The Perfect Balance
In between work and family, García finds time for another passion: sports. For most of his life, he has found himself on the basketball court several times a week. Now he plays an occasional round of hoops with his graduate students or a game against another engineering department. Three days a week, he starts off his day with a 3-mile jog.
"I run at 5:45 a.m., "García says, "and I make the most of it."
García always makes the most of his free time, including plane rides to and from meetings, some of which take him overseas. Like most scientists, García uses this time to catch up on reading scientific journals. But he freely admits he can only read so many in one sitting. For variety, he'll read thrillers, murder mysteries, and other books. Recently, he finished a biography of Benjamin Franklin.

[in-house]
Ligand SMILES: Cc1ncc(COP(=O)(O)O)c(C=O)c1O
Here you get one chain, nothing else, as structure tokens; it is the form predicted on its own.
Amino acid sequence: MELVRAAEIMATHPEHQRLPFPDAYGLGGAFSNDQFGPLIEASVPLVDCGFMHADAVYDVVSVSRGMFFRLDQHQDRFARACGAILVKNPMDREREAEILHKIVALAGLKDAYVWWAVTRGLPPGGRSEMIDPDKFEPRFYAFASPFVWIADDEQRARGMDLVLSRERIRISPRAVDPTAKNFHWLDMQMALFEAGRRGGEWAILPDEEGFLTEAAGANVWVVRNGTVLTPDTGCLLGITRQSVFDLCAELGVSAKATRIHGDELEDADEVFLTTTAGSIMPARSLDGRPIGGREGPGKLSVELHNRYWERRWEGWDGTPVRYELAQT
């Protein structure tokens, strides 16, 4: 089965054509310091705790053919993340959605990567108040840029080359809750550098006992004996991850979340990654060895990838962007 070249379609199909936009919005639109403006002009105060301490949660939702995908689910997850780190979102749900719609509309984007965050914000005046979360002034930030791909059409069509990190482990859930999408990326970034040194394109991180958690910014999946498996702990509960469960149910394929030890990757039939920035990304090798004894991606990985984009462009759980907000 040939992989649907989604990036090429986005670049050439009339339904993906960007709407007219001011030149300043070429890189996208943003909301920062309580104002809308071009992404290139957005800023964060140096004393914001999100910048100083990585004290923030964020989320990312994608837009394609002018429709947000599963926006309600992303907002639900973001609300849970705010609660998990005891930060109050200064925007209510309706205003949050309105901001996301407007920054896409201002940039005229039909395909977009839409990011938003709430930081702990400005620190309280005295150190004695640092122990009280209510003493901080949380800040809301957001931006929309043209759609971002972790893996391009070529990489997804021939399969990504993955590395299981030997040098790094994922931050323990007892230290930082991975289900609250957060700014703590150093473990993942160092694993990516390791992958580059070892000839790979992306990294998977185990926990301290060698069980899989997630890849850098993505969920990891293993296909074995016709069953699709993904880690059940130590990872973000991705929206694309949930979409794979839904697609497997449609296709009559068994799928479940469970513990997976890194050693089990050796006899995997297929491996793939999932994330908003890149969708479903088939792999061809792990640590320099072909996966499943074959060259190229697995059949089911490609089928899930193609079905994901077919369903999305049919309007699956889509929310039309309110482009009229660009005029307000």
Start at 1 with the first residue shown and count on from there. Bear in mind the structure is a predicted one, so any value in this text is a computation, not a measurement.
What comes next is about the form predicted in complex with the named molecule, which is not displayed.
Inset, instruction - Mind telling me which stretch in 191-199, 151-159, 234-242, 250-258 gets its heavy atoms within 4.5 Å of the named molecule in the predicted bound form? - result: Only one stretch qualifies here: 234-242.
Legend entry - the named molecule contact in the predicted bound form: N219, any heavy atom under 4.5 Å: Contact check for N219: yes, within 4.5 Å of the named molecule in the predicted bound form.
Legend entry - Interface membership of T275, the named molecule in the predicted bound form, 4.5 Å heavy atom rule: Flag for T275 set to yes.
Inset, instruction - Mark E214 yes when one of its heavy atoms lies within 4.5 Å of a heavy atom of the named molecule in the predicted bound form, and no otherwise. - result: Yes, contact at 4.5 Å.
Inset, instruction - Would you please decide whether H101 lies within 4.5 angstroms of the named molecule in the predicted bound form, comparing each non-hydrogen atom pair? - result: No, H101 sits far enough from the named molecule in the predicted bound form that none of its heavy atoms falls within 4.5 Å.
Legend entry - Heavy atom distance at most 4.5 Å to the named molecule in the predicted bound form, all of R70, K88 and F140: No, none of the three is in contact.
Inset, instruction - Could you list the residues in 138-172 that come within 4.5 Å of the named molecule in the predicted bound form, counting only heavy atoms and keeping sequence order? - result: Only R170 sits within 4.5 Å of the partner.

Back at the lab, García does more experiments that help connect engineering and biology, with the hope of blazing new frontiers in medicine. He can't help but share his excitement with young Andrés, Rafael, and their friends who visit the lab.
García hopes these experiences match the marvel he felt that day in the doctor's office when he first saw the healing power of science.
Andrés García is an engineer at Georgia Tech. By studying cell stickiness, García aims to create new biomaterials that can heal bones and other body tissues.
Photo: Nicole Cappello
A cell-spinning device designed and built by García and his coworkers measures how much force is required to pull cells off a surface.
Photo: Nicole Cappello
García uses a "goldmaking machine," or electron beam evaporator, to build surfaces for his cell adhesion experiments. Inside the chamber, an electron gun heats a piece of gold until it evaporates, depositing a thin layer of gold onto a glass slide where cells can grow in a special pattern.
Photo: Nicole Cappello
García's gold-making machine creates a specialized surface (top) on which cells grow in a pattern (bottom, left). Without a patterned surface to adhere to, cells stretch out any which way when growing on a glass slide (bottom, right).
Photo: Andrés García